It is at least possible to see in these things first the apostles unfolding the meaning of the gospel into the organization, the "doctrine, discipline, and worship" of the church, and, in the case of Timothy what looks like the handing on of apostolic authority to agents.
So if we want to avoid petitio principii, it seems to me we have to at least be open to the idea that the process of development which appears in Acts and in some letters might possibly continue in some good ways as the Church responds to changing circumstances.
Consequently, if the above is granted, some thing's being a change does not logically imply that it is a change for the worse.
you jest, right? I assume that you have read how many of us have come to, or come home to, the Church. Unlike jumping from one Protestant community to another, embracing the Church is not a decision thT is entered into lightly.
That we disagree is grievous. Let's try not to make it worse.
Isolating, grabbing hold, and misquoting it is even riskier and damning.
The title intentionally misleads. Matthew 23:9 says call no man on earth YOUR father. It also goes on to say call no man master or teacher, yet Scripture uses all of these terms frequently.
That highlights an ongoing problem with a lot of the non-Catholic bumper sticker eisegesis on these threads. It is easy to quote, or in this case misquote, a single verse, but to get the context you need read at least four preceding and four following verses for an honest portrayal and typically the entire chapter in the context of the entire Word for an honest discussion.
No exccuses given. Time for confession, right?
No excuses given. Time for confession, right?
Well, I think it is safe to say that Jesus was quite angry here. Can’t you just hear him?
It has a whole ‘nother meaning of call no man Father, doesn’t it?
Thanks for posting all of it.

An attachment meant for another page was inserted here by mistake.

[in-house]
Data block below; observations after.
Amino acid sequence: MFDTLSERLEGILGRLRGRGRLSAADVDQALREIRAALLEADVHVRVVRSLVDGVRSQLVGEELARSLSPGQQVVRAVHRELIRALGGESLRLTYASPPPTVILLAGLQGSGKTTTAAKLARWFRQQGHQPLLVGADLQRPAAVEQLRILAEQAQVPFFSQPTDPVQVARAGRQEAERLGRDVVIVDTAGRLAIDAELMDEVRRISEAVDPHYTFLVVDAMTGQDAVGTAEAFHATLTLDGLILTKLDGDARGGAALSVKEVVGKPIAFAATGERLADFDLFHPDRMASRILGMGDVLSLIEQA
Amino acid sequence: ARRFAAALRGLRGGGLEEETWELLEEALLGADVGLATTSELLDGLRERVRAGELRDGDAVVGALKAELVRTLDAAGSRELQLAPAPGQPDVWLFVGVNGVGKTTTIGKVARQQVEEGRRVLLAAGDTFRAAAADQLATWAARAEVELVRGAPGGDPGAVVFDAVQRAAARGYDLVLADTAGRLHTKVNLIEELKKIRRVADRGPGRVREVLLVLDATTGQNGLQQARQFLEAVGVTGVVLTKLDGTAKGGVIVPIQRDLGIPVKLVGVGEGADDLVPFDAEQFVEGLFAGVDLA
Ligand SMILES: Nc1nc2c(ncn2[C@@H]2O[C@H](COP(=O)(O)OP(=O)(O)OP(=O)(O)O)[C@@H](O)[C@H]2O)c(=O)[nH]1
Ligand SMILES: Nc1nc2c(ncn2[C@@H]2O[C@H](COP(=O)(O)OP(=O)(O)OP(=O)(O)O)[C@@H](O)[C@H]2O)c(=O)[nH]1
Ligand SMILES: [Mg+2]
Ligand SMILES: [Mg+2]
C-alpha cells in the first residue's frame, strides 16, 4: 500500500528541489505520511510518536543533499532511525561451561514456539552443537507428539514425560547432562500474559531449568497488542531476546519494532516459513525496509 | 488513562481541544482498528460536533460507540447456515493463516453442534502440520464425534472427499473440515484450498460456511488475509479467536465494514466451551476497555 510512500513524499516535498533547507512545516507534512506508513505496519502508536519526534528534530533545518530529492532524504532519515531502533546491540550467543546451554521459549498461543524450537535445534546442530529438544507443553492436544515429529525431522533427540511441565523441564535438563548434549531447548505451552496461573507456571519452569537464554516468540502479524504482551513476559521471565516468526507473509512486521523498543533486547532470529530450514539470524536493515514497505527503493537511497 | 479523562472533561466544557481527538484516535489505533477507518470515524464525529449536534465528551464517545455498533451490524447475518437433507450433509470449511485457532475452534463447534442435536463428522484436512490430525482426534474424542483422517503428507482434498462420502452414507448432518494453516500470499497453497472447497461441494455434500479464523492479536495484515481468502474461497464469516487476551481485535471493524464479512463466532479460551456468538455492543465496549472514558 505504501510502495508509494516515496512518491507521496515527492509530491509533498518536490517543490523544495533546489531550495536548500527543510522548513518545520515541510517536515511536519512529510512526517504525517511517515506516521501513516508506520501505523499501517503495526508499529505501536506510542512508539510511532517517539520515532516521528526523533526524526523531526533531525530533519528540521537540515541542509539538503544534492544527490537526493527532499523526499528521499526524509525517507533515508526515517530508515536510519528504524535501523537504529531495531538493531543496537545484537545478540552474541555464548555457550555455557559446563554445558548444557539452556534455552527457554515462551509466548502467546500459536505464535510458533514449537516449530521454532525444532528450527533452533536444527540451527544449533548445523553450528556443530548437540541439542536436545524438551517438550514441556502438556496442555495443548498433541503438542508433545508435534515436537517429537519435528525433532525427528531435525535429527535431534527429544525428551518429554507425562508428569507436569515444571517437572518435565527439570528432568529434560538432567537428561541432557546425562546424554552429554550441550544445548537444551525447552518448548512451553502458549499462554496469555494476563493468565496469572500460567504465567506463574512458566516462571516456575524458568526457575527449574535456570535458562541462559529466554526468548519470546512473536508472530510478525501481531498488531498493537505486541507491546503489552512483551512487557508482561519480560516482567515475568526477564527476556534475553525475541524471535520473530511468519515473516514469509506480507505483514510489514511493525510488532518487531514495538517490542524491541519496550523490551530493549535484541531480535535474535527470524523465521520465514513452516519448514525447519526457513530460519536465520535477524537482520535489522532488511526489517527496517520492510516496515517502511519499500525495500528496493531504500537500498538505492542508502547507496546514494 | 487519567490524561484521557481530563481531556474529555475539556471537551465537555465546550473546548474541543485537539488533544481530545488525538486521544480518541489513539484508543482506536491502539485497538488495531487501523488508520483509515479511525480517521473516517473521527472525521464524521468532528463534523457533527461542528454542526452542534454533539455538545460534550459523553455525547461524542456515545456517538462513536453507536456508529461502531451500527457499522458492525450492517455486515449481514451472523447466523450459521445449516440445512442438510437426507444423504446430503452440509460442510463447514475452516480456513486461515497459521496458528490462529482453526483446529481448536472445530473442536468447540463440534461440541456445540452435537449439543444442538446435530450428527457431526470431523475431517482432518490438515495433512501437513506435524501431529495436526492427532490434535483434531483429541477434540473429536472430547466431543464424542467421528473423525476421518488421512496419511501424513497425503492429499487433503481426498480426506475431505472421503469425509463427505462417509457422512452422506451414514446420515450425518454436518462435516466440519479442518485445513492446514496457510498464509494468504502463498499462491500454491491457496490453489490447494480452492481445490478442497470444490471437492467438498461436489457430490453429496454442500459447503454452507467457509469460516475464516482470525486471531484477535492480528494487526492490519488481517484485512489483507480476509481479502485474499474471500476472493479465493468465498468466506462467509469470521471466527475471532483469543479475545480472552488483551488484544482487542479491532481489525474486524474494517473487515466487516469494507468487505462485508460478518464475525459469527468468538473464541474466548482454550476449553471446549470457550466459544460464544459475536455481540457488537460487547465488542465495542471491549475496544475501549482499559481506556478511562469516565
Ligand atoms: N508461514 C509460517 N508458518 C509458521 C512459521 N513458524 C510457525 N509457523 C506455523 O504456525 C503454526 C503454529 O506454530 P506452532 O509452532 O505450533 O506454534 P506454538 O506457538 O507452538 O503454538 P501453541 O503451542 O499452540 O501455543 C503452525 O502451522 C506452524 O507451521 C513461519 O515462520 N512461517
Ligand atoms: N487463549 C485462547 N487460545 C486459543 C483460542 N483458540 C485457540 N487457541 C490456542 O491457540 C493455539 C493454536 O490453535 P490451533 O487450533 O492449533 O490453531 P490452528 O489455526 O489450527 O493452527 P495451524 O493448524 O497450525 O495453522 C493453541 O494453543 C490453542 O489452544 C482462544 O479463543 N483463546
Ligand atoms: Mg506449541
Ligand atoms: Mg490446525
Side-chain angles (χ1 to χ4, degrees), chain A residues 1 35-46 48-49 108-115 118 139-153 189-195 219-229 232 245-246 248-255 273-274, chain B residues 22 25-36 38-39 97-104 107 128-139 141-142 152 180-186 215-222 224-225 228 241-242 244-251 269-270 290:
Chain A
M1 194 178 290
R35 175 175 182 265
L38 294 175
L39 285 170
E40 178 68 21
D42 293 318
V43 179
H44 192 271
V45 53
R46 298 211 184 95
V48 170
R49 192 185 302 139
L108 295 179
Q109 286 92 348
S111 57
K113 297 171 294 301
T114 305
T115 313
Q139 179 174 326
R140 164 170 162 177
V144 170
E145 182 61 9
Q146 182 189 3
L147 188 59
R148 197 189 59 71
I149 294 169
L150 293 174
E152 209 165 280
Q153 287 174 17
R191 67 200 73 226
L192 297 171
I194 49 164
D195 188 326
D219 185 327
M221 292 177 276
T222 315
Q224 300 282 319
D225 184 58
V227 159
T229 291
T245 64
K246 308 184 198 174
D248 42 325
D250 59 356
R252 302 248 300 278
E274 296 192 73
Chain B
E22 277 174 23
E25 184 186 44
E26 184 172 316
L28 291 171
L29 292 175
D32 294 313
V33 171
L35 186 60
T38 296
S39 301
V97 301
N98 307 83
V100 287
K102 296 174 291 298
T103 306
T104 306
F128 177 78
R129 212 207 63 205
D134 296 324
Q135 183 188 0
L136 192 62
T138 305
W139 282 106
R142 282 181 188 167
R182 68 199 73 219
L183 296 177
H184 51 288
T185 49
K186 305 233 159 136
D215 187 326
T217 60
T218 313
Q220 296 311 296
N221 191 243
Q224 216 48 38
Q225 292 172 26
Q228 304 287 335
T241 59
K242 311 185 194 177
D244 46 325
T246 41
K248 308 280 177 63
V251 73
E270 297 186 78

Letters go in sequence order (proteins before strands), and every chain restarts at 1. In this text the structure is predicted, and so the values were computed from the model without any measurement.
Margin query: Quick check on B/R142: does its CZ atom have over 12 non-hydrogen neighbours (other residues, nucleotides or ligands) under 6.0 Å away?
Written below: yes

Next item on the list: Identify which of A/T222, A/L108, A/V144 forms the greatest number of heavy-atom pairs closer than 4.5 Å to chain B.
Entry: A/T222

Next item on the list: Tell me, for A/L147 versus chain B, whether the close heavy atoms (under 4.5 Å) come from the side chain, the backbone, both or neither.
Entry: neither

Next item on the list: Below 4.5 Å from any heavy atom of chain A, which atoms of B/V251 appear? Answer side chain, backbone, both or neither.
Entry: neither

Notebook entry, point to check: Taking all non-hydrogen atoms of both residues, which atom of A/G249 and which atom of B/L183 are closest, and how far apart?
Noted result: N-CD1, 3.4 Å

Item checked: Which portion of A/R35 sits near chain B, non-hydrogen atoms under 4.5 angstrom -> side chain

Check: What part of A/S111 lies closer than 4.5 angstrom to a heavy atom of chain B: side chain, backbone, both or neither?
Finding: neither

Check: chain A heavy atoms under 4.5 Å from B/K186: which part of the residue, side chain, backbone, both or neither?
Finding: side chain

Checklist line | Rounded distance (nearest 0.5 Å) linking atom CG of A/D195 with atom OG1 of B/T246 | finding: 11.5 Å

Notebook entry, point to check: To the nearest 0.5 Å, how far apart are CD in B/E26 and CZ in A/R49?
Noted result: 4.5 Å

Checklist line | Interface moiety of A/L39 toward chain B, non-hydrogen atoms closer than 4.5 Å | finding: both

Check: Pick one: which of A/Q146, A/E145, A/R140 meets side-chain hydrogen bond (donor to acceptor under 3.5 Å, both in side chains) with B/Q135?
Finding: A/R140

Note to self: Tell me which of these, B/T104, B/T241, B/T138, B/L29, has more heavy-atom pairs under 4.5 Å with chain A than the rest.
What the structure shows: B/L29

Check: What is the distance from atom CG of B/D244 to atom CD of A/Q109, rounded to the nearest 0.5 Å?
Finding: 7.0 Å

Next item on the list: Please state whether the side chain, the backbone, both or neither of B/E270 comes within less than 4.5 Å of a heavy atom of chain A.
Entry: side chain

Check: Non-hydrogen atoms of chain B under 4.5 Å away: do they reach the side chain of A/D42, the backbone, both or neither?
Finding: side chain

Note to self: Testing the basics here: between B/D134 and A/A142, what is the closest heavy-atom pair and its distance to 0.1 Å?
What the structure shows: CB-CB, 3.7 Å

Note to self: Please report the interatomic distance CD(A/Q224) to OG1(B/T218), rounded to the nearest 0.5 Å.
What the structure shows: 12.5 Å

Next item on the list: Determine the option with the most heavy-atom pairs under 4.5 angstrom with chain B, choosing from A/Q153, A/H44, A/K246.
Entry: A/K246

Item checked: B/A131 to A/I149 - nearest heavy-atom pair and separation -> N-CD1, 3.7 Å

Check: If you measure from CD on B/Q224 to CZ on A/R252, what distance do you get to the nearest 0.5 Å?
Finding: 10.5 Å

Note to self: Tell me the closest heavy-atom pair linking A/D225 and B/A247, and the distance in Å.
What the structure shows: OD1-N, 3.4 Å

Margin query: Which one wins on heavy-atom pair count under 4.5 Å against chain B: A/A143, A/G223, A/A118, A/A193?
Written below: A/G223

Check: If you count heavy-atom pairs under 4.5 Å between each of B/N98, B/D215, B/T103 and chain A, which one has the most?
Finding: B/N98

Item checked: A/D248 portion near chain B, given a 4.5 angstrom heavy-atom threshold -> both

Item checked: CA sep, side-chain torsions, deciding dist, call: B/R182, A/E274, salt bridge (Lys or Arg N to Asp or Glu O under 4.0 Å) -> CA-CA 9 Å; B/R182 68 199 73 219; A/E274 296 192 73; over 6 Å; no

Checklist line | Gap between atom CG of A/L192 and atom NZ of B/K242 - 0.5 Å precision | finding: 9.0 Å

Unfolding, development, evolving...I think we have the same definition in view.
All bad, all good? No, of course not. But by what standard do we accept as useful or at least neutral a change? I submit that as Jesus said, we follow the pattern/model he set and that is described in the Scriptures.
Right now there are those who identify themselves as Catholics (no doubt you would say “misidentify”) calling for homosexual marriage and women priests as a progressive “unfolding” of Christian doctrine somehow.
But what is the pattern Christ set?
Even a long standing development is not made acceptable by long practice. Remember the wheat and weeds?
“Is there a difference in your mind between quoting a text and quoting a note to the text? There is a difference in my mind.”
Agreed, but the footnote of Catholic scholars whose work has the ‘nihil obstat’ would seem to agree more with my understanding than yours on titles and who Jesus addressed his comments to.
“Consequently, if the above is granted, some thing's being a change does not logically imply that it is a change for the worse.”
True, but what standard shall we use in deciding which change is acceptable?
I and countless other converts disagree.
LOL! That’s what Lent’s all about, right? We hold our sinful selves up to the healing light.
But evolution is turning out. IF the Darwinists are right,you got your grandma the lemur and she gets zapped with cosmic rays, and then Paw gets too close to something he should have stayed away from, and, blammo, a NEW thing evolves, the human you! (I don't care WHAT they say about you....)
So when I hear somebody talking about dogma "evolving" I slam on the brakes.
I wouldn't say the Obama-loving, baby-aborting, contracepting, women-ordaining (as IF), homosexual-act-approving Catholic aren't Catholics. They're just really bad Catholics, worse even than I! And they're the ones that talk about "evolving." Literally. I confronted someone who was preparing for confirmation because she was on Facebook supporting "gay marriage." Before I got far at all she went off in an eight-cylinder huff yapping about how she thought the Church was more "evolved."